History of Compassionate Care

St. Elizabeth College of Nursing Celebrates its 100th Anniversary  Utica –– St. Elizabeth College of Nursing will celebrate a century of nursing excellence in May. Since 1904 the college, conducted by the Sisters of St. Francis, has offered students a unique program, centered in extensive clinical experience and care for the entire person.  “We take great pride in assisting our students to be successful and educated nurses,” said Marianne Monahan, dean of the College of Nursing. “We also provide them with a good ethical background that makes them always want to do the right thing for the patient.” The college accepts about 100 students each year, Monahan said. “There is a faculty-to-student ratio of 1:8,” she noted. “We are a smaller school, but our students are seen as individuals.” The first class of seven women graduated in 1907. Since that time the college has graduated approximately 3,000 men and women who are academically and clinically competent to meet the challenging health needs of the community.

The college, which is part of St. Elizabeth Medical Center, offers a weekday and evening/weekend format for its Associate Degree Nursing Program. The latter format is designed to meet the needs of the adult learner who is unable to attend classes during the weekday hours. The college was the first in the state to offer this alternative schedule. St. Elizabeth College of Nursing prides itself on the strong clinical component of its program. “Our students are getting hands-on experience from the first semester with a qualified faculty,” said Monahan. “This experience is invaluable. They need to be safe and educated and know what they are doing.” Students complete a program encompassing clinical experience in a variety of settings, the primary of which is St. Elizabeth Medical Center. Other facilities utilized include Faxton-St. Luke’s Healthcare in Utica, University Hospital at SUNY Health Science Center in Syracuse, Rome Memorial Hospital and other community agencies.

“After clinical experiences in these settings, our nurses feel very qualified to walk into the workplace and function,” Monahan said. Finding competent and compassionate nurses like those who graduate from St. Elizabeth’s is tough. The U.S. Department of Health and Human Services projects the current shortage of a few hundred thousand RNs could hit 750,000 by 2020, as baby boomers age and the nursing work force gets older. Monahan said the shortage is not reflected in the number of applicants to the college. The program had approximately 200 applicants for 2003.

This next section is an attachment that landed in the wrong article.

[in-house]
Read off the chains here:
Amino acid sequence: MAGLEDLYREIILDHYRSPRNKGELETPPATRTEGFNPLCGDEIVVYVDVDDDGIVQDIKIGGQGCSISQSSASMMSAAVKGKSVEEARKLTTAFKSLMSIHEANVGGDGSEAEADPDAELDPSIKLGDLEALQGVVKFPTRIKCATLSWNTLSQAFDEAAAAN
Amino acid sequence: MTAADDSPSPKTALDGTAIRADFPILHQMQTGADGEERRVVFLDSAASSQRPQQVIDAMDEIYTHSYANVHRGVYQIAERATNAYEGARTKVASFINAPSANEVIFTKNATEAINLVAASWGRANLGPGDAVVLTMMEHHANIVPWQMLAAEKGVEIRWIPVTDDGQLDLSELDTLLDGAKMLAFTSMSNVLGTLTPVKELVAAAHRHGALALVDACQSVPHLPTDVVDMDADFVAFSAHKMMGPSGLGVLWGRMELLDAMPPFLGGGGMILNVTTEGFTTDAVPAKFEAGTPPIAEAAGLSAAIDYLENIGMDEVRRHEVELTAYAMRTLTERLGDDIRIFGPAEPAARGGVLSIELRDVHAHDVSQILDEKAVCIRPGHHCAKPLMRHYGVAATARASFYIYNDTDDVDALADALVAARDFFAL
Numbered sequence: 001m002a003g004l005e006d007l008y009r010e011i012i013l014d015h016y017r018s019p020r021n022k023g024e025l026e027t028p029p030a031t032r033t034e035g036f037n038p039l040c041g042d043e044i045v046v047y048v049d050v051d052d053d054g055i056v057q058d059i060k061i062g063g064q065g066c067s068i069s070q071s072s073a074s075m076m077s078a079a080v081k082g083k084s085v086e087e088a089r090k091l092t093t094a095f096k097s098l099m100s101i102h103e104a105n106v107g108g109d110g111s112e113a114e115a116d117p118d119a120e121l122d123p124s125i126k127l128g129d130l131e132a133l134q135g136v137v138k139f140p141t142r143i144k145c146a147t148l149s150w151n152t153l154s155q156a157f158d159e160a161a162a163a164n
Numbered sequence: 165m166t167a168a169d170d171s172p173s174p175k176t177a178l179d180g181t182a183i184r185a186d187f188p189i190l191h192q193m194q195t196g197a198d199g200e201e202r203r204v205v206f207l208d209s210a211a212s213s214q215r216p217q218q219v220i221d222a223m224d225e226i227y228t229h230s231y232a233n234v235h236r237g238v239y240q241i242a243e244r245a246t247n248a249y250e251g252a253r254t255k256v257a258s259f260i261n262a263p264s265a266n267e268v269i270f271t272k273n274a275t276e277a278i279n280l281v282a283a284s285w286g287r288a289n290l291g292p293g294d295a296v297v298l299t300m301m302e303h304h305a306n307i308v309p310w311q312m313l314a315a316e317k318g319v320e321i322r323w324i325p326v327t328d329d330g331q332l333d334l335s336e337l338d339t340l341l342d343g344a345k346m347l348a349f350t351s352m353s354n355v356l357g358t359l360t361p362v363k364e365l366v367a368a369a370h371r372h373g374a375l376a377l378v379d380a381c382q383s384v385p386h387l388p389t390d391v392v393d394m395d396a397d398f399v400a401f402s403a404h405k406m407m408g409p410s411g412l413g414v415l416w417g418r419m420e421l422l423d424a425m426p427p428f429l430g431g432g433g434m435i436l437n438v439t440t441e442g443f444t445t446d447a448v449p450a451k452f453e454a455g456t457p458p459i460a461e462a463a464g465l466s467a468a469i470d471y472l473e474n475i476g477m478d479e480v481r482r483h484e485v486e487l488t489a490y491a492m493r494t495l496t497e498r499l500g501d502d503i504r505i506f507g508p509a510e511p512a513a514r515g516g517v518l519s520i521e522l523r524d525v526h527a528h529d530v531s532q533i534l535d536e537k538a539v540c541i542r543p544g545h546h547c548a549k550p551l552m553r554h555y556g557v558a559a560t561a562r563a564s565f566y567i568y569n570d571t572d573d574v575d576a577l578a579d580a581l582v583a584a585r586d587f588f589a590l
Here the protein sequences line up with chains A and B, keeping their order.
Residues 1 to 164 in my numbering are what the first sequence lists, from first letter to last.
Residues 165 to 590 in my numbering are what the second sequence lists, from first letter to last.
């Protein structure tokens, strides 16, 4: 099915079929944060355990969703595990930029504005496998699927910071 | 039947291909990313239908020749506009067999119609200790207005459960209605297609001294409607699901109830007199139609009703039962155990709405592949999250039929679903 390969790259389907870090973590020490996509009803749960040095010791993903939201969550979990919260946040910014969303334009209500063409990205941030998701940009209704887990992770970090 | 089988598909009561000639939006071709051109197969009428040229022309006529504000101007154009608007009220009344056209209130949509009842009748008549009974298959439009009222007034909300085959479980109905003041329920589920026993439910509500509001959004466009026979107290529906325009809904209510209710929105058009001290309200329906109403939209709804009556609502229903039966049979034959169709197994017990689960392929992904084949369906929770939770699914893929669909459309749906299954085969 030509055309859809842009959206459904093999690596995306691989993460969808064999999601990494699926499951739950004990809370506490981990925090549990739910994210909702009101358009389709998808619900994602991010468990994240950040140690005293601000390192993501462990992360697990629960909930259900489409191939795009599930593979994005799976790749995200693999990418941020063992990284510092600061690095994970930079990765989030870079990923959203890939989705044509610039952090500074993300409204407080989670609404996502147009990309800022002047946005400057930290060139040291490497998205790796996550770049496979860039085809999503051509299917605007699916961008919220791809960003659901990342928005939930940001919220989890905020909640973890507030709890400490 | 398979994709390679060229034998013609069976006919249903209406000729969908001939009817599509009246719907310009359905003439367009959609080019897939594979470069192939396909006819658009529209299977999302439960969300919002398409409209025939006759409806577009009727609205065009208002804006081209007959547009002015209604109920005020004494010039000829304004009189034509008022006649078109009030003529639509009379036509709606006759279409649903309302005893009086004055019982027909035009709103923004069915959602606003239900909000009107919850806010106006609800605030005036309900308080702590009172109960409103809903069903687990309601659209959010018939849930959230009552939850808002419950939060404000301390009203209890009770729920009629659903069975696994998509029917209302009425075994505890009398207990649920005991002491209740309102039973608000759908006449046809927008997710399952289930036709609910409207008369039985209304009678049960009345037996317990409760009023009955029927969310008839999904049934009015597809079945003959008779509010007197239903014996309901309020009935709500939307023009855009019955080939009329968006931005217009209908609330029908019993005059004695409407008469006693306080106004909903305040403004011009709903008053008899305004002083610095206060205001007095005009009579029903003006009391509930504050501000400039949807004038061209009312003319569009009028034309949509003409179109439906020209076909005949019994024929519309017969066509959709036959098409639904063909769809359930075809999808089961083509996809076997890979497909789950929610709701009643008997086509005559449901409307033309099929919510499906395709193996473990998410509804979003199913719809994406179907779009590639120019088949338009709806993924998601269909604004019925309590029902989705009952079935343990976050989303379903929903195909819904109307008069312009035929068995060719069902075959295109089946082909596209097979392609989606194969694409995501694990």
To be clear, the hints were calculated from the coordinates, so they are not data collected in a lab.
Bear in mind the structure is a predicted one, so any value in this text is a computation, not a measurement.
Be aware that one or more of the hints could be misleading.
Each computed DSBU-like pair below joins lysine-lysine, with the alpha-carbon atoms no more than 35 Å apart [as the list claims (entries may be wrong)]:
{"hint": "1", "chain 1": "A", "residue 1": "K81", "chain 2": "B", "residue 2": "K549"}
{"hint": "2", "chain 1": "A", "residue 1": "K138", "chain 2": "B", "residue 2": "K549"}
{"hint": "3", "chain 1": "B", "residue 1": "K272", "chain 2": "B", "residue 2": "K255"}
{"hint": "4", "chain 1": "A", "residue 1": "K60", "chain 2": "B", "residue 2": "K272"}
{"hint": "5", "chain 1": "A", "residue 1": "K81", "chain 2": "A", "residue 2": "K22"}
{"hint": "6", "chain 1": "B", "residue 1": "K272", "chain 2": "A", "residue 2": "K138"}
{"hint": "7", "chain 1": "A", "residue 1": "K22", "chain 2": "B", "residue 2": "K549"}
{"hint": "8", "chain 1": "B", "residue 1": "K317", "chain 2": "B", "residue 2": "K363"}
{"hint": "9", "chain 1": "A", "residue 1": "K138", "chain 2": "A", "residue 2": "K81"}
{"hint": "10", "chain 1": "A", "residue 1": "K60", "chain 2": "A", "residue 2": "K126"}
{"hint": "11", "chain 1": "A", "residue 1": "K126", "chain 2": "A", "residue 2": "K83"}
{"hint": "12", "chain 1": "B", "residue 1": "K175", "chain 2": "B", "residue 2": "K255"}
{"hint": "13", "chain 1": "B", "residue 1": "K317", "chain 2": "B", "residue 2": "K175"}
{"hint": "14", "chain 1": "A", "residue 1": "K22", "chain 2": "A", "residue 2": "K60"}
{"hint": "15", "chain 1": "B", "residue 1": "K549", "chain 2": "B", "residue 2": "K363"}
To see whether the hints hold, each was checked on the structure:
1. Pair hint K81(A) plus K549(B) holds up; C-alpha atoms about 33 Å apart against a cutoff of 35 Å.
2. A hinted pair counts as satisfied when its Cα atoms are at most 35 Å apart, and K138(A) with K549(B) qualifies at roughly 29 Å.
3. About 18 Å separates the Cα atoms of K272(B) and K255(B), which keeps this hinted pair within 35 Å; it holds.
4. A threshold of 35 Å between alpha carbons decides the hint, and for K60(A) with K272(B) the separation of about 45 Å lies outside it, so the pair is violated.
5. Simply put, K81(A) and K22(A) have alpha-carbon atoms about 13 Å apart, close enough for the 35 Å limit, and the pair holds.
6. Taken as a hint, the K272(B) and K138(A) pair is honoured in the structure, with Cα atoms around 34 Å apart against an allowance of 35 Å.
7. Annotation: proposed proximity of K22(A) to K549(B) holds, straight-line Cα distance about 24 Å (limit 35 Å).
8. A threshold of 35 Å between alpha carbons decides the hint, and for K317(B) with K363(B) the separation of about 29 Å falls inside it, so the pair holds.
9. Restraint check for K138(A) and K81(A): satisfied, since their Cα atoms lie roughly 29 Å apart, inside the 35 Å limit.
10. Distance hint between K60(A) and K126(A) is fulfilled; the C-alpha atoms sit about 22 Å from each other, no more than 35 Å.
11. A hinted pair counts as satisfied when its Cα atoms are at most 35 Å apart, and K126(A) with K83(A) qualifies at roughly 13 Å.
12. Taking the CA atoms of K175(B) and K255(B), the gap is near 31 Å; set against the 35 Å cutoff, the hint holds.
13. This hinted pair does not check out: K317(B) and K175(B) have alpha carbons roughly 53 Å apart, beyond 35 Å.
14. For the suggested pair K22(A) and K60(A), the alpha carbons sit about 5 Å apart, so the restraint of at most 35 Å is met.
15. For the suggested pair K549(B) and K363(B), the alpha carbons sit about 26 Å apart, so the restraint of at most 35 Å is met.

As nursing numbers fluctuate, the profession is changing and becoming more complex, putting greater responsibility on nursing schools. “Nurses are seeing more patients who are sicker,” said Monahan. “At one time, a nurse could care for several patients at one time. Now most nurses can’t handle four patients.” These changes have led to the expansion of a nurse’s role to include an emphasis on patient wellness, disease prevention and health education, not only for patients but also for their family members. “The nurse is the primary educator of the patients and their families,” Monahan said. “They need to teach them in terms of medicine and when to call a doctor.”

According to Monahan, the average age of a nursing student is 27. “The majority of our students have previous college and work experience,” she said. “Some have already worked in the health field as firemen or EMT’s and want to improve their status to become an RN. Some are mothers whose children have gone to school. They have always wanted to go to nursing school, but they have had no opportunity until now.” Though different circumstances have led them to enroll at St. Elizabeth’s, the men and women committed to the nursing profession share one thing in common, Monahan said.

“They want to feel that they have made a difference in people’s lives,” said Monahan. Veronica Miller will graduate from St. Elizabeth’s College of Nursing on May 15. When choosing a nursing school, the 44-year-old mother looked at a variety of schools. What led her to choose St. Elizabeth College of Nursing is the quality of nurses the school produces. “The nursing model at St. Elizabeth’s is centered around caring,” said the former nursing assistant. “We are taught that the people we help are not just our patients. These are people that we care about.” Miller, a parishioner of St. Thomas Church in New Hartford, believes the college, particularly its instructors, has made a difference in her life. “The instructors and faculty have an open door policy,” she said. “They value you just as much as what they are doing.”

Miller doesn’t know what she is more excited about — graduating in May or finally receiving her nursing pin from such a respected nursing college as St. Elizabeth’s. “St. Elizabeth’s nurses are part of an elite group,” said Miller. “They work hard to get in the college, to stay there and to keep the quality of a St. Elizabeth’s nurse after they graduate.”

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